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Imo. No, my Lord:
Guid. And at first meeting lov'd;
Cor. By the Queen's dram the swallow'd.
Cym. O rare instinct ! When shall I hear all through this fierce abridgment Hath to it circumstantial branches, which Diltiaction should be rich in.- Where?'' how.liv'd you? And when came you to serve our Roman captive? How parted with your brothers ? how first met them? Why Hled you from the court? and wbither! -Thele }; And your three motives to the battle, with I know not how much more, thould be demanded ;And all the other by-dependences From chance to chance : but not the time, nor place, Will terve long interrogatories.. See, Posthumus anchors upon Imogen ; And she, like harmleis lightning, throws her eyes On him, her brothers, me, her master ; hitting Each object with a joy. The counter change Is sev'rally in all: Let's quit this ground, And smoke the temple with our facrifices. Thou art my brother ; so we'll hold thee ever.
[To Belarius, Imo. You are my father too, and did relieve me, To see this gracious season !
Cym. All o’erjoy'd,
Imo. My good master,
Gym. The forlorn foldier, that so nobly fought, He would have well become this place, and grac'd The tbankings of a Kwg.
Poft. 'Tis I am, Sir,
Port Kneel not to me.
Gym. Nobly doom'd :
Arv. You help'd us, sir,
you did mean indeed to be our brother ; Jog'd are we that you are.
Poft. Your servant, princes.
* Post. Your servant, princez. Good my Lord of Rome,
Reads.. " When as a lion's whelp (ball, to himself unknown, without feek. ing find, and be embrac'd hy · piece of tender air; and wher, from a ltately cedar thall be lopt branches, whiclı
, being dead many years, “ Thail after revive, be jointed to the on stuck and freshly grow, then “ fhall P Athumus erd his miseries, Britain be forcenate, and fouilh: " in peace and plen y," Thou, Leonatus, art the lion's whelp ; The fit and apt construction of thy name,
Cym. My peace we will begin ; and, Caius Lucius,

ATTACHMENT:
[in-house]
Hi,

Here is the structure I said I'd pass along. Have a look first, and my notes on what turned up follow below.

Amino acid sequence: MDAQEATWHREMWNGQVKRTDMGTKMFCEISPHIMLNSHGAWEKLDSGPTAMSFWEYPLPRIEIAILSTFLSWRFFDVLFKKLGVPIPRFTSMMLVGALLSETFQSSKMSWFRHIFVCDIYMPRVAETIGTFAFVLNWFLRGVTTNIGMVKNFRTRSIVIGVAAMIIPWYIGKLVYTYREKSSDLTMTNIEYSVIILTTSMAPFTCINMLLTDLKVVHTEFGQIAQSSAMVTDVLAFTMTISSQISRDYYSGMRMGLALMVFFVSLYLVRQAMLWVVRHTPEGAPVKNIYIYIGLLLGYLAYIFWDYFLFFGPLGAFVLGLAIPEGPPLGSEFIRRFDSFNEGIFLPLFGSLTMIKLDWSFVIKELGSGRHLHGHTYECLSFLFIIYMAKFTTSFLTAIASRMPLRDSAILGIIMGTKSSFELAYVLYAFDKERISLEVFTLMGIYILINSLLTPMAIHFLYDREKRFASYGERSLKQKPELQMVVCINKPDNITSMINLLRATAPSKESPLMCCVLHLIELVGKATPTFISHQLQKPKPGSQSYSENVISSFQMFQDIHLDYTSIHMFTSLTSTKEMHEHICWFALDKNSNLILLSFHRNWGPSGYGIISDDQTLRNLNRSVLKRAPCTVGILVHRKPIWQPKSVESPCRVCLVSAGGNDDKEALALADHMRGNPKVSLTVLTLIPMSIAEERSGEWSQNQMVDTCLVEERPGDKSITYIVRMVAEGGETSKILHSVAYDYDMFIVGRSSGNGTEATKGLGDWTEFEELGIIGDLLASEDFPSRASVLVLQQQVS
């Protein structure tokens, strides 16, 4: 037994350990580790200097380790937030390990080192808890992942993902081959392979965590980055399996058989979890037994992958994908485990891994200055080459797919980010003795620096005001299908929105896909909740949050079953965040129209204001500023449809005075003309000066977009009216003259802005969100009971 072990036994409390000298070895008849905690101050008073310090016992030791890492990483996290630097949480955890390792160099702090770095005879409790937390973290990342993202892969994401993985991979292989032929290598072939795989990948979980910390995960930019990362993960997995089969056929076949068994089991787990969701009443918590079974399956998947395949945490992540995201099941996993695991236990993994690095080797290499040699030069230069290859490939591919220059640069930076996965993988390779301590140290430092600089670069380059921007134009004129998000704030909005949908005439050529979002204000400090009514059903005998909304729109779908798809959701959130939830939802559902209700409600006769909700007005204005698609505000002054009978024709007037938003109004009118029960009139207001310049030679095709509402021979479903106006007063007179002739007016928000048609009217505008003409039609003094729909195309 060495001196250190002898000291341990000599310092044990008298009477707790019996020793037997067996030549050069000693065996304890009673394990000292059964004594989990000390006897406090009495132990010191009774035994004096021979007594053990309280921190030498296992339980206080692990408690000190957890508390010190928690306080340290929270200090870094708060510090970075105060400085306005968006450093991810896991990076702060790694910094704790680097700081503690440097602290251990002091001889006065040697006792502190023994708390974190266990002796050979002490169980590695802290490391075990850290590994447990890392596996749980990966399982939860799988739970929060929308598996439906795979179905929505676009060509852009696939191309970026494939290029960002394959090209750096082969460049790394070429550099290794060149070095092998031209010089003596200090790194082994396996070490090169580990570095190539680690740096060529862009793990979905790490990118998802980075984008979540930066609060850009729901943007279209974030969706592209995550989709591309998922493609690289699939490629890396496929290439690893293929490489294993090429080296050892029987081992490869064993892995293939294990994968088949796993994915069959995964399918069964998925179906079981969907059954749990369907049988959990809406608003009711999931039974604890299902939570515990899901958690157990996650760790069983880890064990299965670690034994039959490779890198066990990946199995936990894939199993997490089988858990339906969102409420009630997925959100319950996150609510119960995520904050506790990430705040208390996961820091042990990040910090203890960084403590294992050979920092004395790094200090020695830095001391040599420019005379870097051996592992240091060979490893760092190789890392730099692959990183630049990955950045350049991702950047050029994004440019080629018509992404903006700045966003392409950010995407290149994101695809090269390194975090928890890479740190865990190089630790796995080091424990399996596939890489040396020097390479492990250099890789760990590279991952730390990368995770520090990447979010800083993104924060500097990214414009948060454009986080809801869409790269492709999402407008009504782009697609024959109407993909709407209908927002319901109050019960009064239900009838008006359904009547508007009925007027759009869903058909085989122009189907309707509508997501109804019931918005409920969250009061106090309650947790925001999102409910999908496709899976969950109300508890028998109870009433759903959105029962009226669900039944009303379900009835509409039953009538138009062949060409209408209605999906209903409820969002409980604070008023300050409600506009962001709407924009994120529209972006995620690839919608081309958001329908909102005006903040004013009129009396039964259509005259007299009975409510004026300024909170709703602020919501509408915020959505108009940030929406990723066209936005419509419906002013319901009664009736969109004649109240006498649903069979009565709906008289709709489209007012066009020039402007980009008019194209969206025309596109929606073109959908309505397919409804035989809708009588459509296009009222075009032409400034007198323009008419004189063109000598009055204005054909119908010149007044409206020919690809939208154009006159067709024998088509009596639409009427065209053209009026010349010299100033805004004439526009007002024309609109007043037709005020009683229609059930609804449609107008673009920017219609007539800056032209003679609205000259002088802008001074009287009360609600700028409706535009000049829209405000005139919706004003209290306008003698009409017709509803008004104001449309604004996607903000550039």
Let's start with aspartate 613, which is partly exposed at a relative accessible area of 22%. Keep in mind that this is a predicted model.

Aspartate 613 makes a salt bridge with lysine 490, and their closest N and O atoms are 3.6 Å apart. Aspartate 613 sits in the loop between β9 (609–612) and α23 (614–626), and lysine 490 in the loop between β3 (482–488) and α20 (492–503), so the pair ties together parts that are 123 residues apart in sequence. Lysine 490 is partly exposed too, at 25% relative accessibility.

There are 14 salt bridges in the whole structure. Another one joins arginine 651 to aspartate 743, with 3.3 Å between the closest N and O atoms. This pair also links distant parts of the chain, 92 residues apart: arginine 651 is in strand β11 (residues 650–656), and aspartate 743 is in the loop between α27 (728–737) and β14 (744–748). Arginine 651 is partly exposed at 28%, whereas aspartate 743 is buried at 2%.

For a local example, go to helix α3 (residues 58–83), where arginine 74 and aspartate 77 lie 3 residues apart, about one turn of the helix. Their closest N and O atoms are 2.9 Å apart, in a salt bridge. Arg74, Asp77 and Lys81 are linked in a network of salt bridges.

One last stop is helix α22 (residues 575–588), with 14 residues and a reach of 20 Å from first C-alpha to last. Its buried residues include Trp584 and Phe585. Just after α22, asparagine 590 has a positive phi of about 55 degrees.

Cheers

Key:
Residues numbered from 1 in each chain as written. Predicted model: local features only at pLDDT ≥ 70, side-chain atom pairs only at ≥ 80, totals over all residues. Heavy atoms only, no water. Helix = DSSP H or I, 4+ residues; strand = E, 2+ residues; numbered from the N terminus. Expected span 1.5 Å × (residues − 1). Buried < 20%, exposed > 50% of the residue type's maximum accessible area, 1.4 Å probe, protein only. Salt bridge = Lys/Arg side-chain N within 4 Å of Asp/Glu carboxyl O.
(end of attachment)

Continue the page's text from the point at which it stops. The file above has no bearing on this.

Sooth. The fingers of the powers above do tunc
Gym. Laud we the gods !
Being Leonatus, doth import fo much.
Cym, This has some !eeming.
Sooth. The lofty cedar, Royal Cymbeline, Personates thee; and thy lopt branches point Thy two sons forih : who, by Belarius stoln, For many years thoughe dead, are now revivido To the majestic cedar join'd; whose issue Promises Britain peace and plenty.
Cyn, My peace we will begin, &c.
TROILUS and CRESSIDA *.
DRAMATIS PERSON Æ.
Calchas, Deiphobus, Trojans.
Helen, wife to Menelaus, in love Helenus,
with Paris, Æneas,
Andromache, wife to Heftor. Pandarus,
Cassandra, daughter to Priam, a Antenor,
prophetess. A bastard for of Prian,
Crellida, daughter to Calchas, ix Agamemnon,
love with Troilus. Achilles,
Alexander, Cresida's man.
Boy, page to Troilus.
Trojan and Greek Soldiers, with Ulysses,
otber Attendants. Nelior,
SCENE, Troy; and the Grecian camp before it.
• This story was originally, written by Lollius an old Lombard avo thor, and since by Chaucer. It is also found in an old English storybook of the three destructions of Troy; from which many of the circumstances in this play are borrowed, they being to be found co. where else.
Before this play, printed in 1609, is a book seller's preface, shewing that first imprełion to have been before the play had been acted ; and that it was published without Shakefpear's knowledge, from a copy that had fallen into the bookseller's hands. Mr Dryden thinks this one of the first of our author's plays : but, on the contrary,
may be judged from the forementioned preface, that it was one of his lasti and the great number of observations, both moral and politic, (wich which this piece is crouded more than any other of his), seems to. confirm my opinion,
PR 0 L O G U
The princes orgillous, their high blood chaf'd,
The palace in Troy.
That find fuc* cruel battle here within? Each Trojan that is master of his heart,